Kwanzaa Culinarians

Recipes and Food Stories from the African Diaspora

Kelewele (Ghanaian Fried Plantains)

Ghanaian Kelewele - The Duo Dishes

Plantains are eaten in many parts of the world, from the Caribbean to the continent of Africa. Most of the time, they are a side dish or integral ingredient in a main dish. This time, they are a snack. Pieces of sweet plantain are spiced, fried and popped into eager mouths. When done right, they’re hard to resist. Forgot about banana chips, and try these little snacks instead.

Head over to The Duo Dishes for more about Ghanaian dishes, including Peanut and Chicken Stew and FuFu.

Kelewele – Serves 4-6 (adapted from Cumin and Cardamon)
4 very ripe plantains, peeled and sliced into large chunks
1/2 red onion, chopped
2 tablespoons fresh chopped ginger
5-6 dried, whole red chilies
6 cloves garlic, peeled
1/4 teaspoon ground cloves
Kosher salt and black pepper, to taste
Sugar, for dusting
Oil, for frying (we used half palm and half canola)

1. In a food processor, grind the onion, ginger, chilies, garlic and cloves into a paste. Season with salt and pepper as desired. Scrape the mixture into a separate bowl and add the plantains. Use your hands to coat the plantains with the spice blend. Cover with plastic wrap and refrigerate for at least 30 minutes, or up to an hour.

2. When ready, heat oil to medium high in a frying pan. Drop marinated pieces of plantain in the oil and cook until they have a deep brown color on both sides, approximately 2-3 minutes. Place on a paper towel-lined plate, then immediately sprinkle with sugar and more salt as desired. Serve warm.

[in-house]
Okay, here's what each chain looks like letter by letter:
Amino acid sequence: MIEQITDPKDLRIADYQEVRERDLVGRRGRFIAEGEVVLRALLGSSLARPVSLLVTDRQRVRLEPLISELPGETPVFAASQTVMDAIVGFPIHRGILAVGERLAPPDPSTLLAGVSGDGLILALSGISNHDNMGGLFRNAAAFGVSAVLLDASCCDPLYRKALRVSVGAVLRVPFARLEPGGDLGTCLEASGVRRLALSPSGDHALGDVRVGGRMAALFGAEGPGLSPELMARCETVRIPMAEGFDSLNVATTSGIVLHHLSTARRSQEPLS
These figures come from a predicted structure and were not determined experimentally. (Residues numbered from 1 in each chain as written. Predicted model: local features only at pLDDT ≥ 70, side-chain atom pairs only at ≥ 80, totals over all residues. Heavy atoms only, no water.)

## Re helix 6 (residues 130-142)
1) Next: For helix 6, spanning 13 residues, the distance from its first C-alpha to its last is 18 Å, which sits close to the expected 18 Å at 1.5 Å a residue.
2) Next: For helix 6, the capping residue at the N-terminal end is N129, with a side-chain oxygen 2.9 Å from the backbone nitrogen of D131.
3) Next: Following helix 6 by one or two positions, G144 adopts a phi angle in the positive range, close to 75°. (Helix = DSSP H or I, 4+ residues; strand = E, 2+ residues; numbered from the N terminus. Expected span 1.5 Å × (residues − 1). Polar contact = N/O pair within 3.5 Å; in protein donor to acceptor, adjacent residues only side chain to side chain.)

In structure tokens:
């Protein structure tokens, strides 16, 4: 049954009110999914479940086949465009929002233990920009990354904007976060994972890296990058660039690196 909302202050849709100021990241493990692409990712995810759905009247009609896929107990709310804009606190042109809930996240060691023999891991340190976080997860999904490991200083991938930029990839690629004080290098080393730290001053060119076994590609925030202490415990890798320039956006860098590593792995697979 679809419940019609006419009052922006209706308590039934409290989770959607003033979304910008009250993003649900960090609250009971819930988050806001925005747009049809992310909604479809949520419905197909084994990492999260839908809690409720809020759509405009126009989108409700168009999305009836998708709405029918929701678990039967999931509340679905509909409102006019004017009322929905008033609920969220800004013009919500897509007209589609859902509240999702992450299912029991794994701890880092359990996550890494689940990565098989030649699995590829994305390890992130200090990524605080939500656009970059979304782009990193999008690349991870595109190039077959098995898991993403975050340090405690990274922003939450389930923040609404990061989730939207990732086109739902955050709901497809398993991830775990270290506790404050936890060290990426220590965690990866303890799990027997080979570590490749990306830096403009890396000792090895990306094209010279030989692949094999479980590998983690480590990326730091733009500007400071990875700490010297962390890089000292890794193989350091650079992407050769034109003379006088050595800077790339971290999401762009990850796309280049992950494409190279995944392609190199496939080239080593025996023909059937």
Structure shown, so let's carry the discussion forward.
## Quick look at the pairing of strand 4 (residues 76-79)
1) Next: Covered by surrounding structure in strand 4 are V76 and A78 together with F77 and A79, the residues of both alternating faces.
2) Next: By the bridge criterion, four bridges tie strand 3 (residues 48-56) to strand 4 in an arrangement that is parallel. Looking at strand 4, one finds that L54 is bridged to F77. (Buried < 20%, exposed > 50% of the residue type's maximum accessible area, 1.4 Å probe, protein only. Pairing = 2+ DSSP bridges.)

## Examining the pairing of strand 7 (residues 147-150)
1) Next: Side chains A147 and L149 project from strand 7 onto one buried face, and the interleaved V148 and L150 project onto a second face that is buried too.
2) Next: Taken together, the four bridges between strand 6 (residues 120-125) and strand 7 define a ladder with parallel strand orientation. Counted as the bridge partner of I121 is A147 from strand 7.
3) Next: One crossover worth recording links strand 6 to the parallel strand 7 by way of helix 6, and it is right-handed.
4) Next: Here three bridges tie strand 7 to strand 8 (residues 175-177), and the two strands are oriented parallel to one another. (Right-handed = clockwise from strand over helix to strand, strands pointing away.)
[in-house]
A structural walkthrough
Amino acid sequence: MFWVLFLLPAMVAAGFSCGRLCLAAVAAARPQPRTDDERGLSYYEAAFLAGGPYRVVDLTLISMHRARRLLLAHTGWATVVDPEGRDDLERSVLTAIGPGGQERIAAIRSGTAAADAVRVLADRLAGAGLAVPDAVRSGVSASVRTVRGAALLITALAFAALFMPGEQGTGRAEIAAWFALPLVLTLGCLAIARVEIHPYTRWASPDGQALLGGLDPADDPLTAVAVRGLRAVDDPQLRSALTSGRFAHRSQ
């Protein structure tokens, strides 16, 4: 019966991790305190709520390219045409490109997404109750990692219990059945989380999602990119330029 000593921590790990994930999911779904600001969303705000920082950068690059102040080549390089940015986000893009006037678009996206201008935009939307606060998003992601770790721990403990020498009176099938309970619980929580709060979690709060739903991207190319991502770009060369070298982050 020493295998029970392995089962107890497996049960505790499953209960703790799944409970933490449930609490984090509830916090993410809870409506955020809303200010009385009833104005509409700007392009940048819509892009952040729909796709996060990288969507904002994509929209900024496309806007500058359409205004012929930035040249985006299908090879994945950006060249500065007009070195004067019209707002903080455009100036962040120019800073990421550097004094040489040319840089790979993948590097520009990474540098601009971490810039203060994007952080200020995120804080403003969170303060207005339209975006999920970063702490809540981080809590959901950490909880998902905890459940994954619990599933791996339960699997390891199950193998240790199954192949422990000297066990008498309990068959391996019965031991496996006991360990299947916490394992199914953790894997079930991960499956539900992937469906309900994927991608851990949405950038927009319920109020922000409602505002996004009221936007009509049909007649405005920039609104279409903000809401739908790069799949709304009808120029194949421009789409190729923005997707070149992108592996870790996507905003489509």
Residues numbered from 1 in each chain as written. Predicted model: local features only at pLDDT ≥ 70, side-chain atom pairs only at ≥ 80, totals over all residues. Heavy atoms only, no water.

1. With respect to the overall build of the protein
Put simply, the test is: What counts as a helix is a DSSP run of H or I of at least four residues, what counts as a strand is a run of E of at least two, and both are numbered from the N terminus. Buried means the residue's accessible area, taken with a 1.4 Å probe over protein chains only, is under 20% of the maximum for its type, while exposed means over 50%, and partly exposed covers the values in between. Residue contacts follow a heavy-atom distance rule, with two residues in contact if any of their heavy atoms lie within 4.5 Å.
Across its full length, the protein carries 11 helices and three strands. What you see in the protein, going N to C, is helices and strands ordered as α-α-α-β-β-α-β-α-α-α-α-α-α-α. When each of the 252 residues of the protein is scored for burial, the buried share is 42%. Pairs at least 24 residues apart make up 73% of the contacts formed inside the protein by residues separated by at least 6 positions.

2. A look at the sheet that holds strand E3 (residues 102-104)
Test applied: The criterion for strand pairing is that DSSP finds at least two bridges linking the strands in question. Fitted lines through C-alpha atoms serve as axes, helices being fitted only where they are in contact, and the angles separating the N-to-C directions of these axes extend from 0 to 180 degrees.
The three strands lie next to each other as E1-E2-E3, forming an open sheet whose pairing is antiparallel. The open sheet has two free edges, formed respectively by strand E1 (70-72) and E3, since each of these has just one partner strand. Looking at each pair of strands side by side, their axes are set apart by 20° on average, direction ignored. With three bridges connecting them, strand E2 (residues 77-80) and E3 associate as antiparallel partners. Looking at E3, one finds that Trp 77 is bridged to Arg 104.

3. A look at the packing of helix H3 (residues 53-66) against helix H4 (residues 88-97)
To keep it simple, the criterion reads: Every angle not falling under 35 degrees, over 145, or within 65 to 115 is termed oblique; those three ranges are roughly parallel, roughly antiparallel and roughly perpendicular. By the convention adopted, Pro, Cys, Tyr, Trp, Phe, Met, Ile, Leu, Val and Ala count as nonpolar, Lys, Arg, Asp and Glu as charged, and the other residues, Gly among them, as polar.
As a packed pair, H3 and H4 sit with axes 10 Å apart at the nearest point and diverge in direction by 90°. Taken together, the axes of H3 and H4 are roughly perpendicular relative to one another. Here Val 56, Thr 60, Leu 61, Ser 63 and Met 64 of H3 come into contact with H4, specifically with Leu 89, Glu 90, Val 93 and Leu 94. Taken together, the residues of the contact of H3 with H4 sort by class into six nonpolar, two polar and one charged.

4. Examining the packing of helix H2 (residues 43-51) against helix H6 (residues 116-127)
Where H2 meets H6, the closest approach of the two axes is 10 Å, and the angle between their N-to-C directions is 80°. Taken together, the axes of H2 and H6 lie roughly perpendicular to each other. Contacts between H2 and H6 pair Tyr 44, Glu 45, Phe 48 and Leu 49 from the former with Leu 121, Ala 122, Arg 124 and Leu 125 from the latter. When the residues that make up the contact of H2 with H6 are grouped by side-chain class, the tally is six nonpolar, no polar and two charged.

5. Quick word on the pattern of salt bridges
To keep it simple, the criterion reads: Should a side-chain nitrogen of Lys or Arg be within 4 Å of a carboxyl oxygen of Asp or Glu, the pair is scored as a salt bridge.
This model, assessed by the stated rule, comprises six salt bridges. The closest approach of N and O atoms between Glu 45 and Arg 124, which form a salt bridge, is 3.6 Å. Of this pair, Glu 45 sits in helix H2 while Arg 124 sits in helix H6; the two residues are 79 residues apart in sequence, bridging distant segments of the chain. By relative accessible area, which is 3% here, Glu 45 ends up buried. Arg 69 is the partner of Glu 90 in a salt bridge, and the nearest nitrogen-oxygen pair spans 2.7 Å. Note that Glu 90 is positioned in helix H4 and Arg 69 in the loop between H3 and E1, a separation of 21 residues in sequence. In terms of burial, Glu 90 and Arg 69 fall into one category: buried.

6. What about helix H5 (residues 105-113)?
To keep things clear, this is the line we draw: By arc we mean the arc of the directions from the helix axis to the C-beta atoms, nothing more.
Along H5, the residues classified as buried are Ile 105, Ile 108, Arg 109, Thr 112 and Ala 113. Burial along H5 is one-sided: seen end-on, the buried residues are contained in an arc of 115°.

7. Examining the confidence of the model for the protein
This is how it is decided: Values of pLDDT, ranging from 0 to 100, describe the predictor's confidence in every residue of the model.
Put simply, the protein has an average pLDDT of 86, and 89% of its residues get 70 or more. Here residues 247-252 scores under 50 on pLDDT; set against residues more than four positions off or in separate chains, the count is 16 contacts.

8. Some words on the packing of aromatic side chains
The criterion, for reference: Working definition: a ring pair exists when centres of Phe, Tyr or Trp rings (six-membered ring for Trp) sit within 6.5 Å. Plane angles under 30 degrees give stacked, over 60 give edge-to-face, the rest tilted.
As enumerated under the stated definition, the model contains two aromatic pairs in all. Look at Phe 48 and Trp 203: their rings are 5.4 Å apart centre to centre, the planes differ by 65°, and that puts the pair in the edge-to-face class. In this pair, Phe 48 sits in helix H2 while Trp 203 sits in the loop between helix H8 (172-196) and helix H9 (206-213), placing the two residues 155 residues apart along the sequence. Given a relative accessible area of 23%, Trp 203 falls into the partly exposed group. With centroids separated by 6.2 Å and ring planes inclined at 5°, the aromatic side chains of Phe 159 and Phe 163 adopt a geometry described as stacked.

Chrystal Baker is a freelance culinary assistant, blogger, and food and events contributor for CBS Los Angeles and Basil Magazine. She is the creator of the recipe blog, The Duo Dishes, as well as her personal site, Any and Everywhere.

About The Duo Dishes

Chrystal Baker is a private cook, recipe developer, culinary production artist and freelance contributor to, as well as a culinary production team member for various TV shows, commercials, photo shoots and online content. She maintains, a Los Angeles-based food blog that features dishes influenced by family tradition, regional fare and worldly flavors. She also shares travel stories and links to published work via a personal blog, You can follow her trail on Instagram and Twitter-- @AnynEverywhere and @TheDuoDishes.


This entry was posted on December 21, 2014 by in 2014, Recipe and tagged , , , , , , , , .

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Learn more about Kwanzaa

The word "Kwanzaa" comes from the phrase, "matunda ya kwanza" which means "first-fruits." Kwanzaa's extra "a" evolved as a result of a particular history of the Organization Us. It was clone as an expression of African values in order to inspire the creativity of our children. In the early days of Us, there were seven children who each wanted to represent a letter of Kwanzaa. Since kwanza (first) has only six letters, we added an extra "a" to make it seven, thus creating "Kwanzaa." To learn more about Kwanzaa, visit the Official Kwanzaa Website.

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